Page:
Long-Term Care and Lazy Rotten Kids

34 Pages Posted: 4 Sep 2013

See all articles by Helmuth Cremer

Helmuth Cremer

University of Toulouse (GREMAQ & IDEI); Centre for Economic Policy Research (CEPR); CESifo (Center for Economic Studies and Ifo Institute)

Kerstin Roeder

Ludwig Maximilian University of Munich (LMU); University of Augsburg

Multiple version iconThere are 2 versions of this paper

Date Written: August 30, 2013


This paper studies the determination of informal long-term care (family aid) to dependent elderly in a worst case scenario concerning the “harmony” of family relations. Children are purely selfish, and neither side can make credible commitments (which rules out efficient bargaining). The model is based on Becker’s “rotten kid” specification except that it explicitly accounts for the sequence of decisions. In Becker’s world, with a single good, this setting yields efficiency. We show that when family aid (and long-term care services in general) are introduced the outcome is likely to be inefficient. Still, the rotten kid mechanism is at work and ensures that a positive level of aid is provided as long as the bequest motive is operative. We identify the inefficiencies by comparing the laissez-faire (subgame perfect) equilibrium to the first-best allocation. We initially assume that families are identical ex ante. However, the case where dynasties differ in wealth is also considered. We study how the provision of long-term care (LTC) can be improved by public policies under various informational assumptions. Interestingly, crowding out of private aid by public LTC is not a problem in this setting. With an operative bequest motive, public LTC will have no impact on private aid. More amazingly still, when the bequest motive is (initially) not operative, public insurance may even enhance the provision of informal aid.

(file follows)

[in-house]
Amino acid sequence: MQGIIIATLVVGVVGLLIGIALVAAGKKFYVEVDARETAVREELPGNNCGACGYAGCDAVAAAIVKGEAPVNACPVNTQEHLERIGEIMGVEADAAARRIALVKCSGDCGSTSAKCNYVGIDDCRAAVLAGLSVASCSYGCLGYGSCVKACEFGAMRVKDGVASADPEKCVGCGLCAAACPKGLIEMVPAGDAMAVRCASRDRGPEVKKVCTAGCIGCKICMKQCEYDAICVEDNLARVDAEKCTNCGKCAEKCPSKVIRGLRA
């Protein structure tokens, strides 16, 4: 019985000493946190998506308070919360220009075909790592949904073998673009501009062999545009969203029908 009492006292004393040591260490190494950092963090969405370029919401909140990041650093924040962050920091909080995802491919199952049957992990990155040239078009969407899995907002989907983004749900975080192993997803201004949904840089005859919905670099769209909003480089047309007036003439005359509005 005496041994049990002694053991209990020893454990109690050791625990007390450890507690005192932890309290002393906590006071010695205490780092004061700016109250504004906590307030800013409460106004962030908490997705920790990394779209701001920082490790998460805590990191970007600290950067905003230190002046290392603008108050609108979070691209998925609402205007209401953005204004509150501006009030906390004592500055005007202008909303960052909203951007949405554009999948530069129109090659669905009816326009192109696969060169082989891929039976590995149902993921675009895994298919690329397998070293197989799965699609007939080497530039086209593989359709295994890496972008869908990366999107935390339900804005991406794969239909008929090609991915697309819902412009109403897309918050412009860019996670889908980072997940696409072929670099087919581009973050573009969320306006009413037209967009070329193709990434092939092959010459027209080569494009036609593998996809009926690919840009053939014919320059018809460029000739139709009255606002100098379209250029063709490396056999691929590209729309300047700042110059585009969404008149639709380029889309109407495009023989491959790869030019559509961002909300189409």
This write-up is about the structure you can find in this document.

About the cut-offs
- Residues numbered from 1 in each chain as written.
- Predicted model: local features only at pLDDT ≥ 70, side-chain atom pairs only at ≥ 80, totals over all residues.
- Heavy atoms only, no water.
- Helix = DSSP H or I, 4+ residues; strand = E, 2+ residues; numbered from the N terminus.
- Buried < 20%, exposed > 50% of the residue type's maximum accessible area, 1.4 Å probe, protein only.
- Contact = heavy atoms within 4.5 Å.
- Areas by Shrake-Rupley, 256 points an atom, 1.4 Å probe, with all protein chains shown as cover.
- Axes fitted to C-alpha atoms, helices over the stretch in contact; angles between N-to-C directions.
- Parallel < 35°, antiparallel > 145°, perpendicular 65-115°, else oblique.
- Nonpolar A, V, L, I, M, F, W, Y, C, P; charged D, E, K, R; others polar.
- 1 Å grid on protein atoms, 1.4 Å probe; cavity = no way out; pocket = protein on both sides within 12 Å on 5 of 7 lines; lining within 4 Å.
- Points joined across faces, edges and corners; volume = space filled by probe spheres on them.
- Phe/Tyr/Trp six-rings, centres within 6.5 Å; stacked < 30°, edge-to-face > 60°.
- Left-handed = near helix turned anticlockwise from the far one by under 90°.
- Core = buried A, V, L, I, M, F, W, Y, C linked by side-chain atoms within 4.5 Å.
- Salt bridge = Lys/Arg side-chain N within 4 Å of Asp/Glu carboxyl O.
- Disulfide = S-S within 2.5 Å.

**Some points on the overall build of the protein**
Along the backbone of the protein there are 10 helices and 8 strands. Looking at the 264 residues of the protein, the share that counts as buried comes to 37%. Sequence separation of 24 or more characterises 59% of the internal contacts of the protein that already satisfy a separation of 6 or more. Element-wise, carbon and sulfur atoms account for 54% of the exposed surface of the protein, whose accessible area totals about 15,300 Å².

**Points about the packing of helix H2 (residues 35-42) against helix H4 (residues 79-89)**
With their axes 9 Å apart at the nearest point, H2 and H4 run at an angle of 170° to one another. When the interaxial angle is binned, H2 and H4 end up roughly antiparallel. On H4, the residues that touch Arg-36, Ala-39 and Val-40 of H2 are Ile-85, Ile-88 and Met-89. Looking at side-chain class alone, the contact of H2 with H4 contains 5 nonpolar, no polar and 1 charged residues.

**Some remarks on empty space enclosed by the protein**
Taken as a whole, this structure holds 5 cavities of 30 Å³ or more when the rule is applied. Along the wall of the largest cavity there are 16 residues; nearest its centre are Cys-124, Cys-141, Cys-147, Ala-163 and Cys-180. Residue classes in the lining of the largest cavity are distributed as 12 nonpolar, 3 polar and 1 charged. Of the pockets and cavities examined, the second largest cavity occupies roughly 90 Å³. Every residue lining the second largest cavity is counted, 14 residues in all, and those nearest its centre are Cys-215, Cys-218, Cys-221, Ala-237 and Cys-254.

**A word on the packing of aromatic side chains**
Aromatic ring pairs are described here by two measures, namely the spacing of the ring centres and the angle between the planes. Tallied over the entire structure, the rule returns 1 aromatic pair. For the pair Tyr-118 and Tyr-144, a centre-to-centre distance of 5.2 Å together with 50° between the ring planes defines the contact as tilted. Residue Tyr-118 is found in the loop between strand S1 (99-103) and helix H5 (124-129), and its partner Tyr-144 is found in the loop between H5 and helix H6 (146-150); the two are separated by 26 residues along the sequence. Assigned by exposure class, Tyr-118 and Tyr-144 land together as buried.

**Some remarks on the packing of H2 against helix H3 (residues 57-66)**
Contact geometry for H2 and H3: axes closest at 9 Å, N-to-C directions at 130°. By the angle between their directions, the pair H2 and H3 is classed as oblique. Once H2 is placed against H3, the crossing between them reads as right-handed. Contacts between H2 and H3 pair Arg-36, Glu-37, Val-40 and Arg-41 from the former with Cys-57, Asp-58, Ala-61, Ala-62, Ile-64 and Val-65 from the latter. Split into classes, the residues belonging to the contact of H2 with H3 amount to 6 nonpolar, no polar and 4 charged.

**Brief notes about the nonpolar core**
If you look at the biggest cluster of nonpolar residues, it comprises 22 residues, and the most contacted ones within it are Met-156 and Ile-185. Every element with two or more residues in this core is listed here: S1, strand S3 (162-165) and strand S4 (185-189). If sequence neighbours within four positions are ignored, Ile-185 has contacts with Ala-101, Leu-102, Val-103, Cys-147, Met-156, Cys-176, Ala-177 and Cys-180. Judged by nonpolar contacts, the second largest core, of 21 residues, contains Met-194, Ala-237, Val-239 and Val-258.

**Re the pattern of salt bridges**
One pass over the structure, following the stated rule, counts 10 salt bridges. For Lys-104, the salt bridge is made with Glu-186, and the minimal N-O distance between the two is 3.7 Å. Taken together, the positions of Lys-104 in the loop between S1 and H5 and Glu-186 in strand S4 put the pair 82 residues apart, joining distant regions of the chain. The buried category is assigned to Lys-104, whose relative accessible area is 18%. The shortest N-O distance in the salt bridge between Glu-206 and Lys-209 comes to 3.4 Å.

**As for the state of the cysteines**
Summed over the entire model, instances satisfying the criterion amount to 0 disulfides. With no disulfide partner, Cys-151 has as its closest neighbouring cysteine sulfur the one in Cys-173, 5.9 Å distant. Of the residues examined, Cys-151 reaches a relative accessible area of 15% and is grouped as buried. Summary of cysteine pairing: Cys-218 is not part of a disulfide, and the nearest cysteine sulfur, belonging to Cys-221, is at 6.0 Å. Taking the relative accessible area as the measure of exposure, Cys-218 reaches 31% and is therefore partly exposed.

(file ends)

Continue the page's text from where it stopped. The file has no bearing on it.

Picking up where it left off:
Keywords: rotten kids, long-term care, family aid, optimal taxation

JEL Classification: D130, H210, I130

Suggested Citation

Cremer, Helmuth and Roeder, Kerstin, Long-Term Care and Lazy Rotten Kids (August 30, 2013). CESifo Working Paper Series No. 4372, Available at SSRN: https://ssrn.com/abstract=2319841 or http://dx.doi.org/10.2139/ssrn.2319841

Helmuth Cremer

University of Toulouse (GREMAQ & IDEI) ( email )

Toulouse, 31000
+33 1 6112 8606 (Phone)
+33 1 6112 8637 (Fax)

Centre for Economic Policy Research (CEPR)

United Kingdom

CESifo (Center for Economic Studies and Ifo Institute)

Poschinger Str. 5
Munich, DE-81679

Kerstin Roeder (Contact Author)

Ludwig Maximilian University of Munich (LMU) ( email )

Geschwister-Scholl-Platz 1
Munich, DE Bavaria 80539

University of Augsburg ( email )

Universitätsstr. 2
Augsburg, 86159

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